Defensive player of the year: Aaron Donald, DT, Los Angeles Rams

This is the most wide-open race of the awards. Sack leaders Shaquil Barrett of the Tampa Bay Buccaneers, Myles Garrett of the Cleveland Browns and Chandler Jones of the Arizona Cardinals play for losing teams. San Francisco 49ers defensive end Nick Bosa (more on him later) and New England Patriots cornerback Stephon Gilmore probably deserve consideration, too.

But when in doubt, go with the best defensive player, and that’s Donald. He remains unblockable. With five sacks and two forced fumbles, he is unlikely to come close to last year’s 20½ sacks, but Donald continues to win the eye test. Even when he goes up against double- and triple-team blocks, he still wins.

Offensive rookie of the year: Josh Jacobs, RB, Oakland Raiders

A case can be made for Arizona Cardinals quarterback Kyler Murray, the draft’s No. 1 pick, who recently led a defense-starved team on a three-game winning streak. But we’ll go with Jacobs, who has helped the Raiders get off to a 4-4 start. His 120-yard game in Sunday’s win over the Detroit Lions was representative of what he has been doing all season, rushing for 4.9 yards per carry for a total of 740 yards.

He has helped Coach Jon Gruden establish a physical personality on offense, a big part of the Raiders’ surprising start.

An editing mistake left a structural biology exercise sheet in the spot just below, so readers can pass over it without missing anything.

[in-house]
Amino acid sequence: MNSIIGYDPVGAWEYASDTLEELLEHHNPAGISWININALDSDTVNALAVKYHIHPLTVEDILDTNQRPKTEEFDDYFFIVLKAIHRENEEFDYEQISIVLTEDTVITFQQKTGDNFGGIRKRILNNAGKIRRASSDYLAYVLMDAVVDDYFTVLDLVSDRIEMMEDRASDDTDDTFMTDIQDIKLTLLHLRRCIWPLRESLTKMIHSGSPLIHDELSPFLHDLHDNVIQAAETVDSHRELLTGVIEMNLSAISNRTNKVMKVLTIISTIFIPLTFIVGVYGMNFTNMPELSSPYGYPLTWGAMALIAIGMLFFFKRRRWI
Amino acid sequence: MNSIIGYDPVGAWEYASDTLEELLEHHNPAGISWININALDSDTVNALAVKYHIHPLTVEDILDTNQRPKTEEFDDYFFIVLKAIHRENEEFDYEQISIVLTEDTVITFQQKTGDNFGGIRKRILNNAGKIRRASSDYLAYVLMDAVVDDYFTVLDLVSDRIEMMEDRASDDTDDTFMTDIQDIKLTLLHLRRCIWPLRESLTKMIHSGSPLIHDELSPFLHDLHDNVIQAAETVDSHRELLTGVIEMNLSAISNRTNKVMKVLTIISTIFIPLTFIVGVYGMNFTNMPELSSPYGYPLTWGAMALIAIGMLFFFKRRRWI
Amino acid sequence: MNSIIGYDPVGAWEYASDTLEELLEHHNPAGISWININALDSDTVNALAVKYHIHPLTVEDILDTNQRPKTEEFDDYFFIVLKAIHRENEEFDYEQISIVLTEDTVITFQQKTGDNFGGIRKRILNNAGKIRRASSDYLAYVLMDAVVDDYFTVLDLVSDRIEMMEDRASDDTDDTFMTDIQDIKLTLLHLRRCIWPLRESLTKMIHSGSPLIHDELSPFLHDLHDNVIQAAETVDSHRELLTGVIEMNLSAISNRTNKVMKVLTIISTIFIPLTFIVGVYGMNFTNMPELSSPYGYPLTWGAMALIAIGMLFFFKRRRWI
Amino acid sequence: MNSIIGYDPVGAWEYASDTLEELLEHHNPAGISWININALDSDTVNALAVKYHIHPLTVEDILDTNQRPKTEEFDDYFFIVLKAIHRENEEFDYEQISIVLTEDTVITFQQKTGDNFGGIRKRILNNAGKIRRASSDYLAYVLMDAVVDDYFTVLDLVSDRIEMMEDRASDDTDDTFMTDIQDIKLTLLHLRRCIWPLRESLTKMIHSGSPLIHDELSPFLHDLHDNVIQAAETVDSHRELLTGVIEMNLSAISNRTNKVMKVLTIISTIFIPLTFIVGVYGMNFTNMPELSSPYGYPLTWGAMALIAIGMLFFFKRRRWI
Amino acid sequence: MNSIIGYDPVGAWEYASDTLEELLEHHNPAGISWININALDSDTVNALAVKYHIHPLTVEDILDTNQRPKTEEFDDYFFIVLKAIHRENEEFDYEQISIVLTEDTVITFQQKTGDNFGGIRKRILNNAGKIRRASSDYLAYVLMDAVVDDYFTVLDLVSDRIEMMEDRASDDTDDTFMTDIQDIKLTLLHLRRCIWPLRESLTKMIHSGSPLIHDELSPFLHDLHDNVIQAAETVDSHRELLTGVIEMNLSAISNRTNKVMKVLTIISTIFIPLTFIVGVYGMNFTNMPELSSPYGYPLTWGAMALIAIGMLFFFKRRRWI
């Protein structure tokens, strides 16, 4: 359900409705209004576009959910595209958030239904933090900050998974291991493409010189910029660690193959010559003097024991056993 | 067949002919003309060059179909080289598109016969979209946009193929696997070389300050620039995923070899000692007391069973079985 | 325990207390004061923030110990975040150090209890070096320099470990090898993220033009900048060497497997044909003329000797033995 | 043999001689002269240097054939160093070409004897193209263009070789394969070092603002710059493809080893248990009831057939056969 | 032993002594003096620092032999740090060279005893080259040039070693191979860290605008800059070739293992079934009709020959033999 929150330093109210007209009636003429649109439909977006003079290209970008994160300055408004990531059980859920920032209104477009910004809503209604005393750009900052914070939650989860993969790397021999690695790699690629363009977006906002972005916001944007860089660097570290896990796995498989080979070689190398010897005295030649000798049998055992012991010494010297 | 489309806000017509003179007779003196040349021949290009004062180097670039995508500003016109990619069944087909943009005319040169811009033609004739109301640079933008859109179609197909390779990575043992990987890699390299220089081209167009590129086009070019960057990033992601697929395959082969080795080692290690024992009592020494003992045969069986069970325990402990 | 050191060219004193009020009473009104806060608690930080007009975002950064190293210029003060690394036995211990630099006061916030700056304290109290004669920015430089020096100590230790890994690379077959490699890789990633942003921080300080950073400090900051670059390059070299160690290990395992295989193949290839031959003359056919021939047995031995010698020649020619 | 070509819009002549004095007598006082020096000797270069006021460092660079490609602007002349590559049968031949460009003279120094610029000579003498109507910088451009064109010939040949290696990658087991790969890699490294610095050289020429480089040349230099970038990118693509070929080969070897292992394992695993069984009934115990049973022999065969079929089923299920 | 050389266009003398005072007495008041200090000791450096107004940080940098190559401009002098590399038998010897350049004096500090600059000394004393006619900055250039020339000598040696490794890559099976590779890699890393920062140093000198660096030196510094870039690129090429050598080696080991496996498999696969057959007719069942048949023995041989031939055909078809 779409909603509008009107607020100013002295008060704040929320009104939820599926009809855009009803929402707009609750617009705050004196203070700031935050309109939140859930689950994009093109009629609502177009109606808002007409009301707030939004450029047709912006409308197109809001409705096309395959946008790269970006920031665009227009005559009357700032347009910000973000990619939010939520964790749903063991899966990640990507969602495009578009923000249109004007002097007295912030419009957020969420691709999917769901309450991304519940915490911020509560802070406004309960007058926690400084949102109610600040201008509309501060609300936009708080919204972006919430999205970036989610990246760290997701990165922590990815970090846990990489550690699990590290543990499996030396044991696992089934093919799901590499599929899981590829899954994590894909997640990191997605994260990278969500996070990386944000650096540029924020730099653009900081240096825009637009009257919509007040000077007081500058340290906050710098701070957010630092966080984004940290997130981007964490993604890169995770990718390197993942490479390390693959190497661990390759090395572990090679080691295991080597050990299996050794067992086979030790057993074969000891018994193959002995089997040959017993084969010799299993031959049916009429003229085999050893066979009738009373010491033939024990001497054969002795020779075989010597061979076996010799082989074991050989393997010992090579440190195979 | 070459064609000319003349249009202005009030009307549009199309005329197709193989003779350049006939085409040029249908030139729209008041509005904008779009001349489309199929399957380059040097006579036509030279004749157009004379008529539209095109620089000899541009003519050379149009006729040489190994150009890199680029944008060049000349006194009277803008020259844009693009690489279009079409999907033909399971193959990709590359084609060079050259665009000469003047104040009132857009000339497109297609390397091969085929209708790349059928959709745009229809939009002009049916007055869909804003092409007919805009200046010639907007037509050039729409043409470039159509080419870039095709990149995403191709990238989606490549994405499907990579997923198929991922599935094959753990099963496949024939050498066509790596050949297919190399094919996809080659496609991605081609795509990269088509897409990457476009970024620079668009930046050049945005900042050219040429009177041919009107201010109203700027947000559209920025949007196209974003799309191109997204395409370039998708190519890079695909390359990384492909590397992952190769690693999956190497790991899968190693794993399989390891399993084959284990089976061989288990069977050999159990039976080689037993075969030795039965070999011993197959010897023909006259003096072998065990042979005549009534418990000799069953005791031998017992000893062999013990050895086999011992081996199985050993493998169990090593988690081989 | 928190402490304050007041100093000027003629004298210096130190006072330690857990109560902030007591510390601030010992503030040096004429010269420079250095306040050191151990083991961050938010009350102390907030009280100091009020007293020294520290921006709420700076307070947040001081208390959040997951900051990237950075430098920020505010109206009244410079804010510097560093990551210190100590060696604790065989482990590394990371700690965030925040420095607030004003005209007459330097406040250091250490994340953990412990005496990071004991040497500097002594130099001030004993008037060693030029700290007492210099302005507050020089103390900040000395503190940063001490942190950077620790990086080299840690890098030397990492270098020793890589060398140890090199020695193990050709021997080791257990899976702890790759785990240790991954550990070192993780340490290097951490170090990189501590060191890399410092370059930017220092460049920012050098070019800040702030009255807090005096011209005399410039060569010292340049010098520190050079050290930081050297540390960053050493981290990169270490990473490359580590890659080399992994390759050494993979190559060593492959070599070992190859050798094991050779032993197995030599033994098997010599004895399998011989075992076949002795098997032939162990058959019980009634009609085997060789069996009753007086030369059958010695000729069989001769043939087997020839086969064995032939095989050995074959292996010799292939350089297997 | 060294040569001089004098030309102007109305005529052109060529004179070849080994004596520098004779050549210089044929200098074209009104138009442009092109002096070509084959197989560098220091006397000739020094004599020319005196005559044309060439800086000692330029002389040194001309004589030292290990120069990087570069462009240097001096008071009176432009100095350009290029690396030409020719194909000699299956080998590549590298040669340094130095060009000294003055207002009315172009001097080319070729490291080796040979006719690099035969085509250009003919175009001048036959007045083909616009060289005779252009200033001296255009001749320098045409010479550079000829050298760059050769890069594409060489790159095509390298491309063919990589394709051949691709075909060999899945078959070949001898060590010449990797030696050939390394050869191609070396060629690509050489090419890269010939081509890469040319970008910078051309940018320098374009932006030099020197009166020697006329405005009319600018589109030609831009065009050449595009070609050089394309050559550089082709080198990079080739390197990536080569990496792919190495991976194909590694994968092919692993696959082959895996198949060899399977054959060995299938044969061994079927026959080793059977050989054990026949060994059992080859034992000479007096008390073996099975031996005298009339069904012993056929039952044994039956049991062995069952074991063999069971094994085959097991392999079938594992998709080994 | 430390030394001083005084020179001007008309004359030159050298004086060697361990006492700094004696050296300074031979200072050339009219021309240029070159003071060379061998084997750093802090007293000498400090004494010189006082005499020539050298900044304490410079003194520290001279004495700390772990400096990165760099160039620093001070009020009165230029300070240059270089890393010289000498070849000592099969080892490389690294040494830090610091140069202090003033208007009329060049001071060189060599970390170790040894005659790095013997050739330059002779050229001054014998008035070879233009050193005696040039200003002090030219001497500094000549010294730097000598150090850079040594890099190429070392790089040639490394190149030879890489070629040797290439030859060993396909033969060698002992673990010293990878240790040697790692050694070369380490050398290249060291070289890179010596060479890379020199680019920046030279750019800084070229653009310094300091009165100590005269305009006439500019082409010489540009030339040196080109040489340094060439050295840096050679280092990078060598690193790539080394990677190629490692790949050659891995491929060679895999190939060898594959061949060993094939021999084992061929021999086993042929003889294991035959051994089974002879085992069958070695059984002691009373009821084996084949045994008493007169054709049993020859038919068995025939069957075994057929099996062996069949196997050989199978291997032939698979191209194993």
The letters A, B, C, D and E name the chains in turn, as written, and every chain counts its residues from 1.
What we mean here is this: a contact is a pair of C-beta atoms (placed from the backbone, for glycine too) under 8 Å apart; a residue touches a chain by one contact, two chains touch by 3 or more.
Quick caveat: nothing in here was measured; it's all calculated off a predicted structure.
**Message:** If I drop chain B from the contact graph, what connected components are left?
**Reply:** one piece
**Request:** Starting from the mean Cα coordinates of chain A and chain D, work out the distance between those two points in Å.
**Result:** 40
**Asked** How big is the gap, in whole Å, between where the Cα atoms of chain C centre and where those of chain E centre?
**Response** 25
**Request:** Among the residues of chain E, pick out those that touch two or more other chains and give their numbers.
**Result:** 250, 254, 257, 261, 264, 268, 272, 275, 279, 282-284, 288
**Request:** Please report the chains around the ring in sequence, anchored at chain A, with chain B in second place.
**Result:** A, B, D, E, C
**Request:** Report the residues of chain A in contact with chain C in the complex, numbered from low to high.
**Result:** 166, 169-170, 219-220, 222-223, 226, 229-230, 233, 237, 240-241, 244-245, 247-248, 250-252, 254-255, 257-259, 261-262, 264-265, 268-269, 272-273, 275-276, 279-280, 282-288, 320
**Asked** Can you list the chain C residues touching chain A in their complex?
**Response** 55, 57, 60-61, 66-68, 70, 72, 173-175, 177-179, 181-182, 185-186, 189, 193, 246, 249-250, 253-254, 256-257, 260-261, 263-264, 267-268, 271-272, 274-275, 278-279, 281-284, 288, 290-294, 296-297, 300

Defensive rookie of the year: Nick Bosa, DE, San Francisco 49ers

This is the easiest award to choose. The 49ers were the second-worst team in football last year, and thanks to the additions of Bosa and Dee Ford, they are 8-0 and the favorites to not just win the NFC West but compete for the No. 1 seed in the NFC.

Bosa entered the NFL with flawless technique and great pass-rushing ability, and he has recorded seven sacks and an interception while helping transform a defense that is allowing just 12.8 points per game. Many thought before the draft that Bosa was the best player in his class, and he has lived up to that billing.

Around the NFL

Can it get any worse for Adam Gase and the New York Jets? They lost a 26-18 disaster to the Miami Dolphins and have now have established themselves as perhaps the worst team in the NFL. The Dolphins are believed to be tanking to get the first pick in the 2020 draft, whereas the Jets were one of the busiest teams in free agency, paying top dollar for Le’Veon Bell, C.J. Mosley, Jamison Crowder and others. Sam Darnold looks lost at quarterback. The offense is hopeless. The locker room appears to be a mess. It’s a bad situation.

Give the Pittsburgh Steelers credit. They risked losing a high first-round pick when they traded for Minkah Fitzpatrick. They figured Fitzpatrick might be better than what they could have drafted if they ended up in the top 10 next year, and so far they are right. In his seven games with the Steelers, Fitzpatrick has four interceptions, two forced fumbles and a fumble recovery. The Steelers are now 4-4 after their win over the Indianapolis Colts.

The Houston Texans have a chance to take control of the AFC South. After beating the Jacksonville Jaguars, 26-3, in London, they watched as the Colts lost to Pittsburgh, with quarterback Jacoby Brissett suffering an MCL sprain in the process. Brissett could miss several weeks. The Jaguars, meanwhile, might be ready to have Nick Foles back at quarterback. Gardner Minshew II has been a great fill-in since Foles broke his clavicle, but he had three turnovers in the fourth quarter of Sunday’s loss and is now 0-4 against teams with winning records.